According to the Centers for Disease Control, approximately sixteen percent of adolescents were obese in the year 2000. In addition to that, about fifteen percent of teenagers were at risk of being overweight.
“[Adolescents’] generation has grown up with video games and the Internet. With these distractions it is hard to get the needed exercise to stop obesity,” said Jimmy Williams, coach and PE teacher at LRHS. “We [P.E. department] encourage the students at Leesville to eat right and exercise daily, but we can only do so much. Teenagers have to do some of the work on their own.”
Organizations across America have decided to step up and assist adolescents in taking action to prevent obesity.
The National Football League, or NFL, established the NFL PLAY 60 campaign to get America’s youth up and active. NFL PLAY 60 is encouraging students to play for at least sixty minutes a day. Through in-school, after school and team-based programs, the NFL PLAY 60 will educate students all over the nation, including the triangle, about the threats and solutions to obesity. The P.E. department can help the students at LRHS meet the sixty minute goal of exercise.
“We do a good job in getting the students at least thirty minutes of exercise per day,” said Coach Williams.
Michelle Obama’s Let’s Move! campaign shortly followed the NFL’s PLAY 60 movement into the battle against obesity. The Let’s Move! campaign is another program focused on tackling adolescent obesity. According to their website, the Let’s Move! campaign is “engaging every sector of society that impacts the health of children to provide schools, families and communities the simple tools they need to help kids be more active, eat better, and get healthy.”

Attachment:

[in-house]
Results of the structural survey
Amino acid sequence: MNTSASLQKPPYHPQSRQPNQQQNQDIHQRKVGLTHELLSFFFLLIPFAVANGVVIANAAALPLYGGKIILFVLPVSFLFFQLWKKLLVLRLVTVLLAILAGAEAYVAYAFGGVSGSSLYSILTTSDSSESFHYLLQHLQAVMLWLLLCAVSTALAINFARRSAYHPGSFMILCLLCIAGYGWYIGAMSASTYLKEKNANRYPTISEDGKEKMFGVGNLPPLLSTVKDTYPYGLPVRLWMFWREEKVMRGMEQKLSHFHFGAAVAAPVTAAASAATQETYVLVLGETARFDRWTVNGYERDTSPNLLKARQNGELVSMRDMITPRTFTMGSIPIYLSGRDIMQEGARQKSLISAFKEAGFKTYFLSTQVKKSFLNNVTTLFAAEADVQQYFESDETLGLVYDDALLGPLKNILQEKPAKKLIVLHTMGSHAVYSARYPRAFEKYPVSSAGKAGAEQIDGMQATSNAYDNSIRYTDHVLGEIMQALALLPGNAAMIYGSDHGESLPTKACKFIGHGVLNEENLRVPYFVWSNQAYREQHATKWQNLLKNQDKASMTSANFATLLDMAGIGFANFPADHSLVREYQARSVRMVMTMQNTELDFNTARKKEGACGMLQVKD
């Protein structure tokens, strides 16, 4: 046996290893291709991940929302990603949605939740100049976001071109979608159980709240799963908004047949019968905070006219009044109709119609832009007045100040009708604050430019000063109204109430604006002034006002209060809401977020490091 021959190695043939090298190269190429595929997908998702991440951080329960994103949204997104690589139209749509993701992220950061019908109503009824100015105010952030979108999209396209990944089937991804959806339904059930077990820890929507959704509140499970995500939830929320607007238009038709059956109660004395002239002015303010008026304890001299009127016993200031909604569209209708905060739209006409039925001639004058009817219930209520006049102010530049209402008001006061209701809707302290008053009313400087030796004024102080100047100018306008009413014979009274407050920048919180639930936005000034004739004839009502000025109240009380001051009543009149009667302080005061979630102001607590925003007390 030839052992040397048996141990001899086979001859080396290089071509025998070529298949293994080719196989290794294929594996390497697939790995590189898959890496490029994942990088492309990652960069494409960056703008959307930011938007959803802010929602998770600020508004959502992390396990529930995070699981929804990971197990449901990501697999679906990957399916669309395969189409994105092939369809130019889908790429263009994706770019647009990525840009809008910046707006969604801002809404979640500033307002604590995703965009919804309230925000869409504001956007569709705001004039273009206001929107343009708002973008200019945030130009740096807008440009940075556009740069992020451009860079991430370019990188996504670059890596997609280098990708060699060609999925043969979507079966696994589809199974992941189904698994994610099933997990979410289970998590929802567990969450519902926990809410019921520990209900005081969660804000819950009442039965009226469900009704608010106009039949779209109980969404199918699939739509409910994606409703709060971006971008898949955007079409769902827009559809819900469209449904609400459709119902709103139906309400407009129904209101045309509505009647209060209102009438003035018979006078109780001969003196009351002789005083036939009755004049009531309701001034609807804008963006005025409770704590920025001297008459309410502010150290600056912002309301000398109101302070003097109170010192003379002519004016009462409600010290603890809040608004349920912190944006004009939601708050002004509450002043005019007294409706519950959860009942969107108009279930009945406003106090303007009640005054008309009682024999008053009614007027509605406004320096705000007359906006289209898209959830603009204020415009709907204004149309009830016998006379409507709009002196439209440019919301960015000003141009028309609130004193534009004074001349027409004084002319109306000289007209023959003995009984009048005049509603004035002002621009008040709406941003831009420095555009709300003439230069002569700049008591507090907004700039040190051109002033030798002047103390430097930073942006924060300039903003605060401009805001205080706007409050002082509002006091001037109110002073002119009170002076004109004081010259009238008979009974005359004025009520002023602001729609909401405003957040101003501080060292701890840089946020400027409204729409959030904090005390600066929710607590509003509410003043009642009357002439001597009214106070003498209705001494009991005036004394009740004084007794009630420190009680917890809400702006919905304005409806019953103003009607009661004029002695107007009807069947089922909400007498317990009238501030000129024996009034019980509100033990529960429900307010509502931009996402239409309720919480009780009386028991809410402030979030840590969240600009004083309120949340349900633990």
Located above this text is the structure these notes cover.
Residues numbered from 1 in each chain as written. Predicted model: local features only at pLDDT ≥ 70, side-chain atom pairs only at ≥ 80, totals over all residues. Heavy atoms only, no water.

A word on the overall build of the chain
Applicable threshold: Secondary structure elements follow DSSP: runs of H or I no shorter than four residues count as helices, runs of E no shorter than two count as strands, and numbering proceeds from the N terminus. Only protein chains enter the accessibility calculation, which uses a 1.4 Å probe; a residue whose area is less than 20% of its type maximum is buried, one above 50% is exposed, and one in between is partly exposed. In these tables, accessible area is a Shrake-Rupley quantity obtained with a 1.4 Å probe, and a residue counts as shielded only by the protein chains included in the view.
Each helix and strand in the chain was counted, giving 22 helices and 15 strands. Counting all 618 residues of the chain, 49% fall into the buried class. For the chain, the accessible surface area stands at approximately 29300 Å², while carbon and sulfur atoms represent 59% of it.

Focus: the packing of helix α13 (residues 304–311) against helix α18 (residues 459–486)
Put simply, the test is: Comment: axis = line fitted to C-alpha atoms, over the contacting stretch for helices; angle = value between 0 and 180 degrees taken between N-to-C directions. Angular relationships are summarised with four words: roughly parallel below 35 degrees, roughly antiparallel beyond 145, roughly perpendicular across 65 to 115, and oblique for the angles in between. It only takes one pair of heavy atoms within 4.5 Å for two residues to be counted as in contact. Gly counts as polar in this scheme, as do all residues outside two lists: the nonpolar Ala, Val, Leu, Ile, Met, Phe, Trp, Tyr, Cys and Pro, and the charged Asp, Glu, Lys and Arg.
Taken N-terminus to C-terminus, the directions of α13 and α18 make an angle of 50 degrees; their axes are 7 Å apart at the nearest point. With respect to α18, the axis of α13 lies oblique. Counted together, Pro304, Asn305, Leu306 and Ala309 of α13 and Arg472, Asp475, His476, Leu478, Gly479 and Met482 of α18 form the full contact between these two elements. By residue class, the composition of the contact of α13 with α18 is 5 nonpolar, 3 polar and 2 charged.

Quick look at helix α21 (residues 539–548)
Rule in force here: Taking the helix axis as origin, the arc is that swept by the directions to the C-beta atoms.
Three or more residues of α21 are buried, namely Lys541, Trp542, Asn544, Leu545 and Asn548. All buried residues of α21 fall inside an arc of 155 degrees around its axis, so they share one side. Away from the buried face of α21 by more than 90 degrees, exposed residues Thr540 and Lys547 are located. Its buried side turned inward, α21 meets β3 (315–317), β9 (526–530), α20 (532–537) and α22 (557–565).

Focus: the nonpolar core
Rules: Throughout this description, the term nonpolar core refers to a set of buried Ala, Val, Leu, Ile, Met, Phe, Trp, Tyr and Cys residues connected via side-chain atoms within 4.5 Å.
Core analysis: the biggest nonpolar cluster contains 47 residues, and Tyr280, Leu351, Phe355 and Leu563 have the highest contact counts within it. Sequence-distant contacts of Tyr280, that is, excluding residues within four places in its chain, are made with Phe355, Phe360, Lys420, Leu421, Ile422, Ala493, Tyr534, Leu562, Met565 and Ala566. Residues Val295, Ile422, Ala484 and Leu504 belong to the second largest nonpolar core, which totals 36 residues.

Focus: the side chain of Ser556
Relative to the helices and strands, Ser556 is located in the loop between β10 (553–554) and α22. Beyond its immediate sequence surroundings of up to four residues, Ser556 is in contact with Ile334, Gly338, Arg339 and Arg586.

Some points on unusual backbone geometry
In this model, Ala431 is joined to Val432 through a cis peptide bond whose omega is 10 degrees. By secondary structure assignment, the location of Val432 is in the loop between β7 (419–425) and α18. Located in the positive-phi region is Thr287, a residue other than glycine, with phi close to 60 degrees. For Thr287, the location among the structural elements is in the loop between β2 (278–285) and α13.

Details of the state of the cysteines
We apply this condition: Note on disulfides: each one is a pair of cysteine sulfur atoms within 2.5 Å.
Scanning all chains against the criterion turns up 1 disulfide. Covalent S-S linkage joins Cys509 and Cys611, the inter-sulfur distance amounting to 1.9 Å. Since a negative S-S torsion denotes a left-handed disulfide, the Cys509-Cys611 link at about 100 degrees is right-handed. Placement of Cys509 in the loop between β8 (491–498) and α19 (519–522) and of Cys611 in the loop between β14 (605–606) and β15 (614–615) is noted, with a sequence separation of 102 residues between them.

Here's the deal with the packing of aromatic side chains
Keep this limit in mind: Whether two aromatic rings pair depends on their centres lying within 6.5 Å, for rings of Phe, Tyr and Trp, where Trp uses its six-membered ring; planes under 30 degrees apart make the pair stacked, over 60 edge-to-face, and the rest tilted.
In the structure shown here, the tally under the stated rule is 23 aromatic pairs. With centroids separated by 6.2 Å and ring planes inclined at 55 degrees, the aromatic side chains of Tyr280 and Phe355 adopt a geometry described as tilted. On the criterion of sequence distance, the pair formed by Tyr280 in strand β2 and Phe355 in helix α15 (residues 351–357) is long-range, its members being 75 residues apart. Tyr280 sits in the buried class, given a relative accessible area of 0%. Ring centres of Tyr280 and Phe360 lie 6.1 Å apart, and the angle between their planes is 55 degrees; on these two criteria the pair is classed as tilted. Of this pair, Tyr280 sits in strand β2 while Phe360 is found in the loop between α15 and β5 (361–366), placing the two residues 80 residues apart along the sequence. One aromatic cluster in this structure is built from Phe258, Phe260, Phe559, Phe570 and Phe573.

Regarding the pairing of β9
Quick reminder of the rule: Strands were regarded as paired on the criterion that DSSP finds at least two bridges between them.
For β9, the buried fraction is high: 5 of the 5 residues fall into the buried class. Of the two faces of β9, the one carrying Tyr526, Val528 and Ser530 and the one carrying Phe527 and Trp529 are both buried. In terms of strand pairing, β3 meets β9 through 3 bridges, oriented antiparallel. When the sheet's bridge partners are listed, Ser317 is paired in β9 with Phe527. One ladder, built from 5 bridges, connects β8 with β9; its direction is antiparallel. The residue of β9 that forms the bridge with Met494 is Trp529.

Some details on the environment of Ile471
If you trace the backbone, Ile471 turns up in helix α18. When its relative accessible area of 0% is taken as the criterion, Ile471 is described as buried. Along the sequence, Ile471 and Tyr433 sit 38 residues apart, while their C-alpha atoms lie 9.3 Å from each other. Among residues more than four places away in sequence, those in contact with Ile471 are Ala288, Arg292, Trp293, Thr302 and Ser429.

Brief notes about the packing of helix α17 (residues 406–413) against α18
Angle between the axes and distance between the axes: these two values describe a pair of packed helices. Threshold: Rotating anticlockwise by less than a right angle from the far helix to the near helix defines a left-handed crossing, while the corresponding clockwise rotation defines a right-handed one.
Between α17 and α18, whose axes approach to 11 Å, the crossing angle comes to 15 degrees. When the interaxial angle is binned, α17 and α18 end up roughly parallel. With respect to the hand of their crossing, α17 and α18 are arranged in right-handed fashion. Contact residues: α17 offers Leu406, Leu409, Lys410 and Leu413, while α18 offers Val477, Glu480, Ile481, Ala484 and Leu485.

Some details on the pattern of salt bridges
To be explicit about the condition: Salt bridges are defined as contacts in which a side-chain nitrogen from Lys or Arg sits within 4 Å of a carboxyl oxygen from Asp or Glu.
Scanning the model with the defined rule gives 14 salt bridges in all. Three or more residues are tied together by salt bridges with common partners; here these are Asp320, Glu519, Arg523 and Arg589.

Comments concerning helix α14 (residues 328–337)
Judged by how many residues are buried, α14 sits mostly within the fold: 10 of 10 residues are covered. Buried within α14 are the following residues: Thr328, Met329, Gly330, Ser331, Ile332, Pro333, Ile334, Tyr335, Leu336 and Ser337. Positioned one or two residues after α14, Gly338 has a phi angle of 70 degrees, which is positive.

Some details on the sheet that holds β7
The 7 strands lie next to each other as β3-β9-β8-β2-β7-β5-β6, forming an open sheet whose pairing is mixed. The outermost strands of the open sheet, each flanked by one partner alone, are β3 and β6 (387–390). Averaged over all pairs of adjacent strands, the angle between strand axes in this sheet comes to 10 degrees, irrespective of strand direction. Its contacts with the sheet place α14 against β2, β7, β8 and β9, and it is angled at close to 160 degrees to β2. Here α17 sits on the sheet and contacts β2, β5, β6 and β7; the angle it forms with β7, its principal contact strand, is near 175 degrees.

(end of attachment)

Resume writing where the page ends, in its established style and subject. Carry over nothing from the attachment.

On September 8, the NFL PLAY 60 movement and the Let’s Move! campaign announced that they would team up “to combat childhood obesity and help the nation’s youth lead healthier, more active lives.”
This alliance has brought together two highly-funded organizations and will further advance the battle against obesity in schools like LRHS. Together, the NFL PLAY 60 movement and the First Lady’s Let’s Move! campaign promise to make exercising easier but they are calling on students to work with them in order to establish a daily habit of exercising.
“Everyday after school, I put on my shoes and I take a nice long sixty minute run to keep me in shape for cross country and track,” said Ben Tyner, sophomore and athlete. “Running is one of the best ways to get in shape and it helps build core muscles.”
Encouraging students to exercise is just one way being used to help prevent adolescent obesity. Other techniques are being utilized in schools around the nation and are becoming more commonly used.
For example, in Wake County cafeterias whole-wheat buns are being featured on menus in place of white bread buns. By getting higher quality foods into student’s diets, Wake County is providing teenagers with more energy per ounce of food.
If a student grows up with obesity they are more likely to develop serious health problems such as increased risk of premature death, heart disease and type-2 diabetes.
As of right now, researchers are being funded with millions of dollars to find a way to battle the health problems associated with obesity. In the mean time, it is recommended that adolescents take the necessary steps to prevent obesity before it becomes a problem.